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I been receiving date in the "yyyy-MM-dd'T'HH:mm:ss.SSSXXX" format from JSON input, which gets converted to a DTO by Spring it self. But when converted to OffsetDateTime instance, this loses the information about Offset in the created OffsetDateTime instance. For example we are passing following in the Postman invoking an API, this results in the parsing and object getting created but the object doesn't have offset set in it.

Below is the example of the "2019-03-21T06:43:56.235+11:00" date when parsed it results in the date with OffsetDateTime instance but it doesn't have the +11:00 as the offset. When I directly parse this string using DateTimeFormatter I am able to get the offset populated.

below is the code that uses DateTimeFormatter.

OffsetDateTime.parse(offSetDateTimeString, DateTimeFormatter.ofPattern(DATE_PATTERN))

The DATE_PATTER = "yyyy-MM-dd'T'HH:mm:ss.SSSXXX".

Please guide.

Thank you.

UPDATE

My DO has following objects:

@Id
@GeneratedValue(strategy = GenerationType.AUTO)
private int id;

private String name;

// THis won't work as it doesn't support timestamp.
// @Column(columnDefinition = "TIMESTAMP WITH TIME ZONE")
// private LocalDateTime localDateTime;

@Column(columnDefinition = "TIMESTAMP WITH TIME ZONE")
private ZonedDateTime zonedDateTime;

@Column(columnDefinition = "TIMESTAMP WITH TIME ZONE")
private OffsetDateTime offSetDateTime;

While DTO also has same fields with SAME data types.

  • no, it is not that simple :) :) , The code that you are asking is already within spring, not written by me. When you use @RequestBody and provide a DTO, spring does the conversion of incoming JSON – Bilbo Baggins Mar 22 at 11:30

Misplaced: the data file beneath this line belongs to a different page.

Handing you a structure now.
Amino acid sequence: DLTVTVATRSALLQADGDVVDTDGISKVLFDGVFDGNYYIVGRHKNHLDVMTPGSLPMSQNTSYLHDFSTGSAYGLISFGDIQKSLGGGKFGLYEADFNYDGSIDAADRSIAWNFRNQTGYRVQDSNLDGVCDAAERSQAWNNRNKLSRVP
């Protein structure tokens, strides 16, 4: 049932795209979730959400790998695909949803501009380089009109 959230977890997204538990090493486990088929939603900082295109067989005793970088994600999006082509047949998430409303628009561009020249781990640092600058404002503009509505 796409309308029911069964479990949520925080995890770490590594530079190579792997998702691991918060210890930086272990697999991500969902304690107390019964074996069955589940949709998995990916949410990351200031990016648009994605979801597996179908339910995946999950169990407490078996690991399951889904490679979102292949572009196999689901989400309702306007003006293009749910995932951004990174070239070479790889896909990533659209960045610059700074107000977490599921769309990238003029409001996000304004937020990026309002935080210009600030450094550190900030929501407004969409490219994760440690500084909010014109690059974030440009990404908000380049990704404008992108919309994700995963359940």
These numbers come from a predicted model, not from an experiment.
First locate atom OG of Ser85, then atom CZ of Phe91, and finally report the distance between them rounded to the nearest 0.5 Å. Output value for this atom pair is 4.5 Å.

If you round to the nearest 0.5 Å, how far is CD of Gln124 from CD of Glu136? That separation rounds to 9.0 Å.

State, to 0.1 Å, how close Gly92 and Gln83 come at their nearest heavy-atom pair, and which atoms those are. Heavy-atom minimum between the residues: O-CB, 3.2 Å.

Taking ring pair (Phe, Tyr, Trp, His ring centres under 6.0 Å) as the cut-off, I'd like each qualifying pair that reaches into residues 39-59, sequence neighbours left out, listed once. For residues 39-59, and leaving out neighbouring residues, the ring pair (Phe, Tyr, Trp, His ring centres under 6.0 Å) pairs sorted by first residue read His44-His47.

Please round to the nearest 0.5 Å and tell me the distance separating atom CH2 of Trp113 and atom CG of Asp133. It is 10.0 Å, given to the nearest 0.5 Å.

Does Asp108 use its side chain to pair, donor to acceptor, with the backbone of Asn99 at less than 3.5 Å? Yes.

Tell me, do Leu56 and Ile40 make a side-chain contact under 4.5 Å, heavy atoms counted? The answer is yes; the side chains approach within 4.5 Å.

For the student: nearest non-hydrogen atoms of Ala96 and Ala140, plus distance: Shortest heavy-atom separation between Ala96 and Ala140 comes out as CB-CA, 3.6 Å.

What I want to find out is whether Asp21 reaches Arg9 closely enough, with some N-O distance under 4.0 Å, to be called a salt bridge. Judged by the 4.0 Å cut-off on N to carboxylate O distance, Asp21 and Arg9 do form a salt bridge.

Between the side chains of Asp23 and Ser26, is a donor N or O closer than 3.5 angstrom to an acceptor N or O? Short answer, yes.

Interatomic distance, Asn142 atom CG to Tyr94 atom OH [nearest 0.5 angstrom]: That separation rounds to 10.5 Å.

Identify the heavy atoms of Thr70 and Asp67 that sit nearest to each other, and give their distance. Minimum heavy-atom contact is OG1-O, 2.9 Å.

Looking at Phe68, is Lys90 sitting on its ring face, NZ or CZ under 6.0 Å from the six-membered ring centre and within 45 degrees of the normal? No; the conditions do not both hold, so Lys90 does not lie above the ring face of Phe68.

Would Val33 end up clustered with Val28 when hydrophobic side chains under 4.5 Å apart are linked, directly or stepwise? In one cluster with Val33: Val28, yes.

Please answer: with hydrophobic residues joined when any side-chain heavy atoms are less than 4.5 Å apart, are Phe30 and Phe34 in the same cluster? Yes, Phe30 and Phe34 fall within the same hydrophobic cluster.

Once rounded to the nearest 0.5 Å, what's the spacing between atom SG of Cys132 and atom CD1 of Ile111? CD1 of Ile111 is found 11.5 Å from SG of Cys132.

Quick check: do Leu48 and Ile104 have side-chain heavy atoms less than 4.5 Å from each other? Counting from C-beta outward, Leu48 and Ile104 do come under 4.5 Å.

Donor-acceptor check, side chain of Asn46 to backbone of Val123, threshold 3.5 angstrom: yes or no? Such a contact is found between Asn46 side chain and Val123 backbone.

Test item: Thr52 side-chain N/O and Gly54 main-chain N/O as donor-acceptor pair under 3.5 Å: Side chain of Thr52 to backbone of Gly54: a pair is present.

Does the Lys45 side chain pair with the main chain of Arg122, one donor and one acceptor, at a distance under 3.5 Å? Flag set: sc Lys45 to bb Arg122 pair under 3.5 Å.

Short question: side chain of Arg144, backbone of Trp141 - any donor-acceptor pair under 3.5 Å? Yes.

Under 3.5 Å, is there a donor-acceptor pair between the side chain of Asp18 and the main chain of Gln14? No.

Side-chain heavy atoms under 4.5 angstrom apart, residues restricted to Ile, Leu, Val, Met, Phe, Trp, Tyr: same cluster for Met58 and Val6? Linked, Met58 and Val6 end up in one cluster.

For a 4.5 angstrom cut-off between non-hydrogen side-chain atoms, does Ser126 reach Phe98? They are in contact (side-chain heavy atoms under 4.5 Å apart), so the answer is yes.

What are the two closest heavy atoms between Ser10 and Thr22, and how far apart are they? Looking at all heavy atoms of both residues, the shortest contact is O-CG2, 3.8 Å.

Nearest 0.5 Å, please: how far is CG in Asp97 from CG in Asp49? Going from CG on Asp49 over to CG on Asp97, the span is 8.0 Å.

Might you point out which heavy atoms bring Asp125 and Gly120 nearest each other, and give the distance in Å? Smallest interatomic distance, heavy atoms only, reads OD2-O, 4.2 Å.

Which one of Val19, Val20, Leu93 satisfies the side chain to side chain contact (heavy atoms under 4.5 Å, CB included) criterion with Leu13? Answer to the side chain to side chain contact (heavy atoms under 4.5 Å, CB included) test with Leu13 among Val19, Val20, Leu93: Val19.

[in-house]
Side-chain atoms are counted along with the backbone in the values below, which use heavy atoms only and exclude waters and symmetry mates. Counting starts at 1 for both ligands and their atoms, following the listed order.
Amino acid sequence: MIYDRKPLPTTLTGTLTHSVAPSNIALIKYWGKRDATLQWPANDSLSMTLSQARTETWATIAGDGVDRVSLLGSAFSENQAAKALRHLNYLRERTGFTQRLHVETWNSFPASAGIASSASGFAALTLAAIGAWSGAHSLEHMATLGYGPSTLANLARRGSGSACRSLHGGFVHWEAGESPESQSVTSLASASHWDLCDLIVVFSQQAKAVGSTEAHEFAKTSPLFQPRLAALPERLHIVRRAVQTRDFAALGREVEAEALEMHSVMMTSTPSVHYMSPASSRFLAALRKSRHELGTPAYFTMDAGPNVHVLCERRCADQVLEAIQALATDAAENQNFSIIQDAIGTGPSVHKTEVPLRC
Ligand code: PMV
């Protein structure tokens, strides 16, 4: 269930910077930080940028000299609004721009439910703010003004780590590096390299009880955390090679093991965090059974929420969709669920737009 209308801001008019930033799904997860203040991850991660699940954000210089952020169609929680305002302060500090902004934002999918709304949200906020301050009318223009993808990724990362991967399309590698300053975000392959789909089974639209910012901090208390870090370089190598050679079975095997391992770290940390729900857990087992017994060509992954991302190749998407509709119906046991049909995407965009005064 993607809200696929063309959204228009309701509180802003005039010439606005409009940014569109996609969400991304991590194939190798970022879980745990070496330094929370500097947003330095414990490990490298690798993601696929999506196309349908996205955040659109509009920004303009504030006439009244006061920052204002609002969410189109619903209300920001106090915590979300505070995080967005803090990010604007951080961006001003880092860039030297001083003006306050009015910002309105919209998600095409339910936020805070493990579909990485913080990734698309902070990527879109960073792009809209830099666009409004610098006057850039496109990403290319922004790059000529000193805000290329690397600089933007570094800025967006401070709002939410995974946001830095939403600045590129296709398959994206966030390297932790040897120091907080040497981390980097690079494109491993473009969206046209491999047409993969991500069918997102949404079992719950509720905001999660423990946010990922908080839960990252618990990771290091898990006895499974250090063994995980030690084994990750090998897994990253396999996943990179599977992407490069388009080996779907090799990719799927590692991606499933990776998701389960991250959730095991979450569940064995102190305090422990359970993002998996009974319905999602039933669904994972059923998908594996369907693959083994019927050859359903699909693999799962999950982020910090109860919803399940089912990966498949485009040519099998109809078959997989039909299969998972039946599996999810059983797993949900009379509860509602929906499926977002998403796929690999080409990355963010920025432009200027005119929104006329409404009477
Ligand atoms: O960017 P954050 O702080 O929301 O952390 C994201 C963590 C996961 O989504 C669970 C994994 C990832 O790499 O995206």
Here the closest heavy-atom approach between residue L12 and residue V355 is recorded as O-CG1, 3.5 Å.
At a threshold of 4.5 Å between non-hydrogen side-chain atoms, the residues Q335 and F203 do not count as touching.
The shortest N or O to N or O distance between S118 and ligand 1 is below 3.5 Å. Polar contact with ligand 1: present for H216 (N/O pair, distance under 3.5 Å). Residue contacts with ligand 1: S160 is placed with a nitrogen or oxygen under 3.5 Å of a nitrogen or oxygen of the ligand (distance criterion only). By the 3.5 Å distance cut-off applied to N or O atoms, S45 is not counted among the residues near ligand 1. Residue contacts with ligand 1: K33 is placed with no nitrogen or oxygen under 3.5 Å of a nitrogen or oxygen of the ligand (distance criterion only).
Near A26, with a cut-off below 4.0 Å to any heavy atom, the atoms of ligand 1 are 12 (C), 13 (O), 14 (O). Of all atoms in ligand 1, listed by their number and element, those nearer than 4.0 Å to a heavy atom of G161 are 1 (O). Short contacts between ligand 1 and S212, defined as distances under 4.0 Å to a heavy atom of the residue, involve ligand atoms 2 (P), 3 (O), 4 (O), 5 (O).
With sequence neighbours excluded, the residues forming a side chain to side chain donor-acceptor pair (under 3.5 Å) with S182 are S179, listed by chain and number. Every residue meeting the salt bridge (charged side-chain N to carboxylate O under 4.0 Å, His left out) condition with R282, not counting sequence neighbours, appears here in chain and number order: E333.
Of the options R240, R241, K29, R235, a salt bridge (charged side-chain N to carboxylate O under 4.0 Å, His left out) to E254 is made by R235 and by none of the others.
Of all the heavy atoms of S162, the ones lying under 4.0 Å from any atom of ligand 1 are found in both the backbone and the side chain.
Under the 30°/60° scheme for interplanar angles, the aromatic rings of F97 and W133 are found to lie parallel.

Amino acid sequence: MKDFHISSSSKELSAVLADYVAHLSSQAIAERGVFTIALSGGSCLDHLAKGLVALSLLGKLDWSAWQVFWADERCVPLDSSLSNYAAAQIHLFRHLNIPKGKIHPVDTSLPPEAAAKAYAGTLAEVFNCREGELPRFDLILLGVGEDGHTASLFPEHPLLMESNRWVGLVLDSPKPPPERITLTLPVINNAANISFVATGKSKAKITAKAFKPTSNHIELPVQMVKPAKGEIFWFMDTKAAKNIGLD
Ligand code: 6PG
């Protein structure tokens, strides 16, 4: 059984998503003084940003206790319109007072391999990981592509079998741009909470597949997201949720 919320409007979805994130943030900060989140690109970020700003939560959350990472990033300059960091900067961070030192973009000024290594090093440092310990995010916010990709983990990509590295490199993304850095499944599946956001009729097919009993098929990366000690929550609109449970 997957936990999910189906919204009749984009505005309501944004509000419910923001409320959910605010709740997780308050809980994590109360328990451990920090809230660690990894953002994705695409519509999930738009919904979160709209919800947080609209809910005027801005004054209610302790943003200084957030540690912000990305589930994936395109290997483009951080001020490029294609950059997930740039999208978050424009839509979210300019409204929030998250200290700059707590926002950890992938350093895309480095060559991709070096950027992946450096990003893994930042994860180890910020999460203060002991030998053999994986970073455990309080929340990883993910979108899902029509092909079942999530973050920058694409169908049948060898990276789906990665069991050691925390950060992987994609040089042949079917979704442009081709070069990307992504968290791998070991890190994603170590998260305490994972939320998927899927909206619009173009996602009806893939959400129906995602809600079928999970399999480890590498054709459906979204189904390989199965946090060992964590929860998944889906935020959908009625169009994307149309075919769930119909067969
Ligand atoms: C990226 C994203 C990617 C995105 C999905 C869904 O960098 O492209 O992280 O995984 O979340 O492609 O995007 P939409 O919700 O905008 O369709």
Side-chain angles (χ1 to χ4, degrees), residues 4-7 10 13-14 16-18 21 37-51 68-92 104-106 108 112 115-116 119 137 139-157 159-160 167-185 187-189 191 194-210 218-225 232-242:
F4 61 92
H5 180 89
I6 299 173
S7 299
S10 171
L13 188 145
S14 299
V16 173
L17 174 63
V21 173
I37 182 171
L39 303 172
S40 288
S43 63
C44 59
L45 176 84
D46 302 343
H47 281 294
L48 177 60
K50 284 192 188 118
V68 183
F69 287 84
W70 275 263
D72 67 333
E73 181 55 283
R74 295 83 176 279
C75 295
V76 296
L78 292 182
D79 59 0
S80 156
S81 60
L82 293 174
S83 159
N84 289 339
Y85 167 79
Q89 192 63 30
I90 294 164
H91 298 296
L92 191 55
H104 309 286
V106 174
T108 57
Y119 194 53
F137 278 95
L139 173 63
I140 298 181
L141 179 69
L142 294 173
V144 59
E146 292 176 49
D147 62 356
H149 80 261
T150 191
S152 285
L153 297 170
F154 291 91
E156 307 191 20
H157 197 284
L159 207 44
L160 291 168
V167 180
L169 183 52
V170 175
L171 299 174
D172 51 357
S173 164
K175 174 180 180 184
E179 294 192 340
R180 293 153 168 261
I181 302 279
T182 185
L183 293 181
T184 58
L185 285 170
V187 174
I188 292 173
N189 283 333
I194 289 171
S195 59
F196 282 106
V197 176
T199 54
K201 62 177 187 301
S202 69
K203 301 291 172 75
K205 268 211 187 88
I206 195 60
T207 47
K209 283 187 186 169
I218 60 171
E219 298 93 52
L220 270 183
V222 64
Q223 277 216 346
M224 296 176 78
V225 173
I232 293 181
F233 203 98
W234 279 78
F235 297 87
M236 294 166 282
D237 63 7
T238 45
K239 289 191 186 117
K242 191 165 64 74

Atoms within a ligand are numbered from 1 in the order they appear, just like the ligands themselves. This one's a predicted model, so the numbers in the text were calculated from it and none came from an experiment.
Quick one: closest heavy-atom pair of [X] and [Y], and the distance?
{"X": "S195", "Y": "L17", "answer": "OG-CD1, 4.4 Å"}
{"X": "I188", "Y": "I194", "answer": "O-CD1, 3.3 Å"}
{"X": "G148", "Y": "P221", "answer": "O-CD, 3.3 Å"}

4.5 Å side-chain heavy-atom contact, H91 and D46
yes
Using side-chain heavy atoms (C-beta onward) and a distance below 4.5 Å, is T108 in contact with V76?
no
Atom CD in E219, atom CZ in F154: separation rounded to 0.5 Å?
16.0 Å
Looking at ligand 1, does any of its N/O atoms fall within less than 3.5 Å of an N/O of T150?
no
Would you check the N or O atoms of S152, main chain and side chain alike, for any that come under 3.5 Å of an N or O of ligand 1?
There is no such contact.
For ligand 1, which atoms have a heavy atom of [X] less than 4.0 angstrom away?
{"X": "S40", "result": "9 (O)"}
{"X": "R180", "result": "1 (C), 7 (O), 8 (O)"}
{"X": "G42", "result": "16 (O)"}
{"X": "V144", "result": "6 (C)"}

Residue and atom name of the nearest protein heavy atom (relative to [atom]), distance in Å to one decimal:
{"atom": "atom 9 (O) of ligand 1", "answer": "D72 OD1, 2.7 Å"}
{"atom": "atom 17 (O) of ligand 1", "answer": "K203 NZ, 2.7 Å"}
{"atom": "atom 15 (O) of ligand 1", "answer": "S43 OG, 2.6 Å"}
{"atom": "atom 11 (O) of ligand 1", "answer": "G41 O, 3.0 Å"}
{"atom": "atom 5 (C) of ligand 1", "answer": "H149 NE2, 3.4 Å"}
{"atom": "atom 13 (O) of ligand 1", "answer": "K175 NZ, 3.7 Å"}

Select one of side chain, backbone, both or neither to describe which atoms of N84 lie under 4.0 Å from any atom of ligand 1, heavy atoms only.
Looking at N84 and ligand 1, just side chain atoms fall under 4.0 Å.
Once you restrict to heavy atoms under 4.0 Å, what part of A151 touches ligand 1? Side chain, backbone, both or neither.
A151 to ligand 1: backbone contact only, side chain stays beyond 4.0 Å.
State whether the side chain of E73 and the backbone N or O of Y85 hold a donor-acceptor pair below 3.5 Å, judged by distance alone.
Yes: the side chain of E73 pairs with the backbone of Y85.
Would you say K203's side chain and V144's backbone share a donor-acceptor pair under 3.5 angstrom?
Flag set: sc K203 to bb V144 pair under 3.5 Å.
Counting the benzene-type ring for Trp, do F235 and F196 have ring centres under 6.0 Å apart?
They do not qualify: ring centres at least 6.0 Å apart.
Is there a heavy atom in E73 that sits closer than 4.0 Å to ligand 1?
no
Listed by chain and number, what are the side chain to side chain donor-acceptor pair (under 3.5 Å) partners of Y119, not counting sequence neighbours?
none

• Kindly ask for more clarification if you don't understand the question, the question it self has some value, I have done my work, I am stuck hence asking here. :) :) please don't down vote without any reasons, ask for more information I would provide. – Bilbo Baggins Mar 22 at 11:31
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    Take a look on Spring Boot Jackson date and timestamp Format. Maybe you need to include JavaTimeModule. – Michał Ziober Mar 22 at 12:09
  • Are you saying that you are receiving an OffsetDateTime without offset? That sounds like a contradiction in terms. yourOffsetDateTime,getOffset()has got to return something (and not null according to the docs). You are not by any chance receiving an object with offset Z (zero)? – Ole V.V. Mar 22 at 12:12
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    A side note, it seems you're using postgres, I highly recommend not using ZonedDateTime as a column. Check this question: stackoverflow.com/questions/5876218/… and I summarize a comment: 'But readers should understand that both data types, timestamp with time zone and timestamp without time zone, in Postgres do *not actually store time zone information. Something of a misnomer: "without tz" means "ignore offset when inserting data" and "with tz" means "use offset to adjust to UTC"' – Sebastiaan van den Broek Mar 22 at 18:20
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Okay, here is what I did to solve this issue.

  1. Instead of accepting OffsetDateTime in DTO, I accepted String. For this I required changes to be done in the Mapper (MapStruct). I defined custom String to OffsetDateTime mapper classes and specified them in the uses in @Mapper.
  2. This solved my parsing related issue, then moving on to the DB, I noticed a couple of things.

    1. TIMESTAMP WITH TIME ZONE doesn't store the date in the exact given format.
    2. You need to use the ZoneId to convert the time to appropriate timezone. And you have to write custom Utility for this kind of conversion.
    3. We need to obtain now the relevant timezone's zoneId object, which we have currently obtained from the incoming request.

This is the update as of now. Posting this for other's reference. Thank you all for guiding.

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